What Jesus is teaching is that like the parable we are all in debt to God because of our sin. Romans 3:23 says, “For all have sinned and fall short of the glory of God.” When we realize how far we fall short from God’s perfection, we can see how there is not much space that separates the “great sinner” and the “little sinner.” It’s like the distance between earth and Pluto (between people and God) and then the distance between two peaks in the Rocky Mountains (between person and person). What we need to see here is that God desires not a comparison with other sinners. That’s what gets us in trouble because we always compare ourselves with the really bad guys like Hitler and come out pretty good. It’s the attitude that I am a “little sinner” and grace is only needed for the “big sinners.” What God desires is a comparison with His perfect holiness and our total depravity. When we get that we then understand how much we all deserve God’s judgment.

You see, the temptation is to see the Pharisee as the one in the parable who owed fifty denarii and the prostitute as the one who owed five-hundred denarii. And with the standards as we judge sin that is a natural conclusion. But I submit to you that the sins of the Pharisee were more offensive. Though socially acceptable back then and still common in many religious communities, what Simon did not see was how offensive his self-righteousness, arrogance, hardheartedness and judgmentalism was to God. Yes, Jesus does eat with sinners, Simon, that’s why he entered your house! And yes, Jesus is a prophet and what He sees in your heart Simon, is wicked.

This woman was blessed in the sense that she was able to see her sins. The curse is on self-righteous people who believe they are acceptable before God and therefore will never come to Him for grace. Yet when we see our sins and the unacceptability we have before a holy God it then drives us to Jesus Christ, not for merit, but for His mercy.

Like most in our world today, Simon was expecting a pat on the back from Jesus. The woman demonstrated a heart that depended on Christ’s forgiveness. One was prideful and loveless. The other was humble and compassionate. One slighted Jesus. The other adored Jesus. One was self-condemned. The other was forgiven. And in the end, one was trying to regain his composure and the other was demonstrating God-honoring devotion.

The Conclusion (verses 48–50)

Last point, verse 48. “Then [Jesus] said to her, ‘Your sins have been forgiven.’”

Imagine this dear soul hearing those words from Jesus. Imagine the waves of guilt being released from her soul like a tsunami. Imagine the peace and hope and joy she experienced. Is there any doubt that when we understand how much God forgives us from a debt we can’t repay, from a consequence we deserve (like the parable), that we will love Him dearly and express it with righteous living and passionate devotion (like the woman)?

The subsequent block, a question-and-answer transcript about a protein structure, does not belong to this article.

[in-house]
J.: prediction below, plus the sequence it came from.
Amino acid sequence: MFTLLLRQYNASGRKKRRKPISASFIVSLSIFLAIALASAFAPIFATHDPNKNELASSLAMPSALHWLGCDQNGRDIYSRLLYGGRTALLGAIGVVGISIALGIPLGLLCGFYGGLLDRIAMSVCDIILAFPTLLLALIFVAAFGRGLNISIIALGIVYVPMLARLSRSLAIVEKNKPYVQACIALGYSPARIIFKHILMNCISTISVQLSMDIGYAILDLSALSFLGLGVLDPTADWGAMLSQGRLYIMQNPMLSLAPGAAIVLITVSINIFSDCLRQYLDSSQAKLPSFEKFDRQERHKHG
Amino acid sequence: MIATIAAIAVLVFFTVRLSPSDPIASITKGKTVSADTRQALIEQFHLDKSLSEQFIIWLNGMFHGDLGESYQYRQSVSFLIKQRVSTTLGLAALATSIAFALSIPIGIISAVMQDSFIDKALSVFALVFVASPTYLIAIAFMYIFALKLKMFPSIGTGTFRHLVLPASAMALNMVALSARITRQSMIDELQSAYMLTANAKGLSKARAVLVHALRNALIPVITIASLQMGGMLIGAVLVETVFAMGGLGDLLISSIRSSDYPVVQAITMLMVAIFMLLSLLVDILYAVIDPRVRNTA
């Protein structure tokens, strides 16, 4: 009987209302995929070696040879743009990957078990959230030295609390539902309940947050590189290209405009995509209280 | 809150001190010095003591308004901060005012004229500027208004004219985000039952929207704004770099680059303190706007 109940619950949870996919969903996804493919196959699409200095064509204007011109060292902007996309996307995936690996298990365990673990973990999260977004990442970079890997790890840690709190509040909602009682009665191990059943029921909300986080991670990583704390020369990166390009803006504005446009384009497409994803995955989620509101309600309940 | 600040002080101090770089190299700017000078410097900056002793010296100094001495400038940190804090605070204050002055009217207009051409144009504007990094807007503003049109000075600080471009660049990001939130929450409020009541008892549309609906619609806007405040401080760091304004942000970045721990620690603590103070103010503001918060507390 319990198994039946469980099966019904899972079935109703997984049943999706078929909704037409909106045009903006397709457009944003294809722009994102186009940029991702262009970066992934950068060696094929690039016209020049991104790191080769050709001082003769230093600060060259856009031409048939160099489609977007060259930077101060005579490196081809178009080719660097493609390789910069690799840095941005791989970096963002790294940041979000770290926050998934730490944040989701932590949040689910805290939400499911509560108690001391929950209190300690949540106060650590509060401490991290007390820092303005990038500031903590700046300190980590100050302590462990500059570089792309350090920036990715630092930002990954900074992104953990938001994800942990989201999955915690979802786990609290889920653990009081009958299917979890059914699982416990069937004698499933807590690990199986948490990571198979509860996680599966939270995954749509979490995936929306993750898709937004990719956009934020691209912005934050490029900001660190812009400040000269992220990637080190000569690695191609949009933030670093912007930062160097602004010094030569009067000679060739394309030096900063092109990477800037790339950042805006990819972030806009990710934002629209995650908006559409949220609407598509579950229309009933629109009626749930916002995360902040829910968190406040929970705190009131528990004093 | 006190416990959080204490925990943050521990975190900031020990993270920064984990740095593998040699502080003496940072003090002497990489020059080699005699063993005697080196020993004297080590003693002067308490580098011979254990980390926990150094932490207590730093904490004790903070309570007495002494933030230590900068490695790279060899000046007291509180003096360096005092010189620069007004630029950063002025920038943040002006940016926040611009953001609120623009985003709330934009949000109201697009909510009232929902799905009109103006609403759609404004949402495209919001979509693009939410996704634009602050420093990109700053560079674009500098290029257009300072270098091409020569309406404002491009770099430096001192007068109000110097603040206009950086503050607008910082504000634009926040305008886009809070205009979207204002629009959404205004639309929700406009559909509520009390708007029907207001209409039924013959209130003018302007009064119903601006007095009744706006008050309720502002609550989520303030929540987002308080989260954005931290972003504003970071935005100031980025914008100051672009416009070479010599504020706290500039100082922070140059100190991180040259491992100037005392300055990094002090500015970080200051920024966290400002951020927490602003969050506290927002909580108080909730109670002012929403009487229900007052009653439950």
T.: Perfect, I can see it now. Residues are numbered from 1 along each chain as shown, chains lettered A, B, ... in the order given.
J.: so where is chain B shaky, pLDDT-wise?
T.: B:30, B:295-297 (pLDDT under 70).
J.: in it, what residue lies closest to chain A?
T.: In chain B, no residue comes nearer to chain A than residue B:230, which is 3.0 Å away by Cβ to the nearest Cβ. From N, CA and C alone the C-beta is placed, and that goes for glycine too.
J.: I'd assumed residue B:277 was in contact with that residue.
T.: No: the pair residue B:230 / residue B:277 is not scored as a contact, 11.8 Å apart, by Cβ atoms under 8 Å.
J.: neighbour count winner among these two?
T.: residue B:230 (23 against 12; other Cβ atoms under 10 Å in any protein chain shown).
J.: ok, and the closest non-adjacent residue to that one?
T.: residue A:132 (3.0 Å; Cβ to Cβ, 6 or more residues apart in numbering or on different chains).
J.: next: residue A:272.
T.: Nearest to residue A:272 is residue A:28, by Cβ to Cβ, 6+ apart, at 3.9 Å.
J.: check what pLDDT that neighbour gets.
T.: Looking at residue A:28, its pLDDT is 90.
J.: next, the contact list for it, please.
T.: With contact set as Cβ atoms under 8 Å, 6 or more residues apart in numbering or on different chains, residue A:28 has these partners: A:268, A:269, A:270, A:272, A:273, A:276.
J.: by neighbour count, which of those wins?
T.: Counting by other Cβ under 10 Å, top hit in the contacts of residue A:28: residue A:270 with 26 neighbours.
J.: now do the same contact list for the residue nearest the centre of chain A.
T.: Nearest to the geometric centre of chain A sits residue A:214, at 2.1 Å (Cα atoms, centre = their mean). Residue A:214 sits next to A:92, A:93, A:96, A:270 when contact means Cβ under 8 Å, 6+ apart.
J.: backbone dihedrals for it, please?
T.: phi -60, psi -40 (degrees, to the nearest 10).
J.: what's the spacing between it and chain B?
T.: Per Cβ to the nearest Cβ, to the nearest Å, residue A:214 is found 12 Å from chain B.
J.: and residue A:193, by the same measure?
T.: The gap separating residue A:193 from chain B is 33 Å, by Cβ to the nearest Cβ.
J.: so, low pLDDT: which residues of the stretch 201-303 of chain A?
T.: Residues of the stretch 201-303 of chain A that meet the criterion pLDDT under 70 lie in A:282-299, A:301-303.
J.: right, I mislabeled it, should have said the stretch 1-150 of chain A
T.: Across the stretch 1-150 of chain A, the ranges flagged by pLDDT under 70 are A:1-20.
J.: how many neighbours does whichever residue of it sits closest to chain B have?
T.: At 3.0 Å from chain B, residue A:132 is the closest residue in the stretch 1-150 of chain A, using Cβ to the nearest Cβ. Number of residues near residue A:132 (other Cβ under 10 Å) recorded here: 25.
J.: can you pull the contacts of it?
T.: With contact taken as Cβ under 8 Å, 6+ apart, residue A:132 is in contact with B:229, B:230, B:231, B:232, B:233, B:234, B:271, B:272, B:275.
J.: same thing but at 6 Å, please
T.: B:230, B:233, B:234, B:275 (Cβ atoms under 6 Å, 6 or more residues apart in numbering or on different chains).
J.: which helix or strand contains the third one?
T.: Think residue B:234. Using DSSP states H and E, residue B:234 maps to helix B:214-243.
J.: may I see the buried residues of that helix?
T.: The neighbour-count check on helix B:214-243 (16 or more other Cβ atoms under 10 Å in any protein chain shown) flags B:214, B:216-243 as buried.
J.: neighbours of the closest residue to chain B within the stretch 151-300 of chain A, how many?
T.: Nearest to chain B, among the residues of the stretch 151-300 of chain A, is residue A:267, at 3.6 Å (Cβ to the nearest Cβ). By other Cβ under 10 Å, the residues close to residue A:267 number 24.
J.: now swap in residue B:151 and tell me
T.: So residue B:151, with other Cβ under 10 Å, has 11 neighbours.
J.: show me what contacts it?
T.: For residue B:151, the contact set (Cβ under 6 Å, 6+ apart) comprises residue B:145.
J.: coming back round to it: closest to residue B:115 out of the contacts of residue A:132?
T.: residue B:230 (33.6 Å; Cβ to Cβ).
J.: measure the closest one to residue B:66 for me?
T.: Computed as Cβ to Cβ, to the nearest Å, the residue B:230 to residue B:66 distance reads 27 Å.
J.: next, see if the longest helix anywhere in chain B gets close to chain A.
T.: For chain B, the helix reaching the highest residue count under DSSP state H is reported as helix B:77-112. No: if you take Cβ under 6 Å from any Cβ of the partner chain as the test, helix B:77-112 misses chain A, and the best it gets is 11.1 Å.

“You are forgiven!” That rang loud in her ears as it did to the Pharisees who were present.

Verse 49, “Those who were reclining at the table with Him began to say to themselves, ‘Who is this man who even forgives sins?’”

A fair question. A sin is doing something or not doing something contrary to God’s nature. When we sin, we sin against God. Therefore, only God can forgive our sins. Therefore, if Jesus is forgiving sins against God, the only conclusion is that He is God.

And that is the claim that infuriated the Pharisees more than anything else. That’s the claim that would lead Him up a hill called Calvary to be executed on a cross. And on that cross He would bear the sins of all those who will ever believe in Him. He will be their substitute. He will pay their penalty. He will take their punishment. Justice would be satisfied and all who come to Him on the basis of faith will be forgiven. Grace and mercy will be available. Forgiveness to all sinners will be available through Him.

Verse 50, “And He said to the woman, ‘Your faith has saved you; go in peace.’” It was not her courage or humility or worship or sacrifice that saved her, but Jesus says exclusively that it was her “faith” that “saved her.” Faith in Christ is salvation which then results in worship and good deeds.

Folks, we are all like the two people in this story. Perhaps our sin is the immoral filth – drunkenness, profanity, deception, fornication, greed . Perhaps our sin is the socially acceptable filth – selfishness, pride, self-righteousness, lovelessness . Either way we are all like the two men in the parable. We are in debt to God with a balance we will never be able to repay. Religion, good deeds, nothing will remove the burden. Only Christ because of His work provides complete forgiveness.

If you do not know Him, how long will you keep thinking (like the prostitute once thought) that you are too impure to be welcomed in His presence or how long will you keep thinking (like religious people keep thinking) that you are good enough already to be welcomed in His presence?

When we really see our sin against the backdrop of a holy God, we conclude with the Apostle Paul, “I am the foremost of sinners!” We run to Christ for grace and when forgiven of our debt we love Him greatly.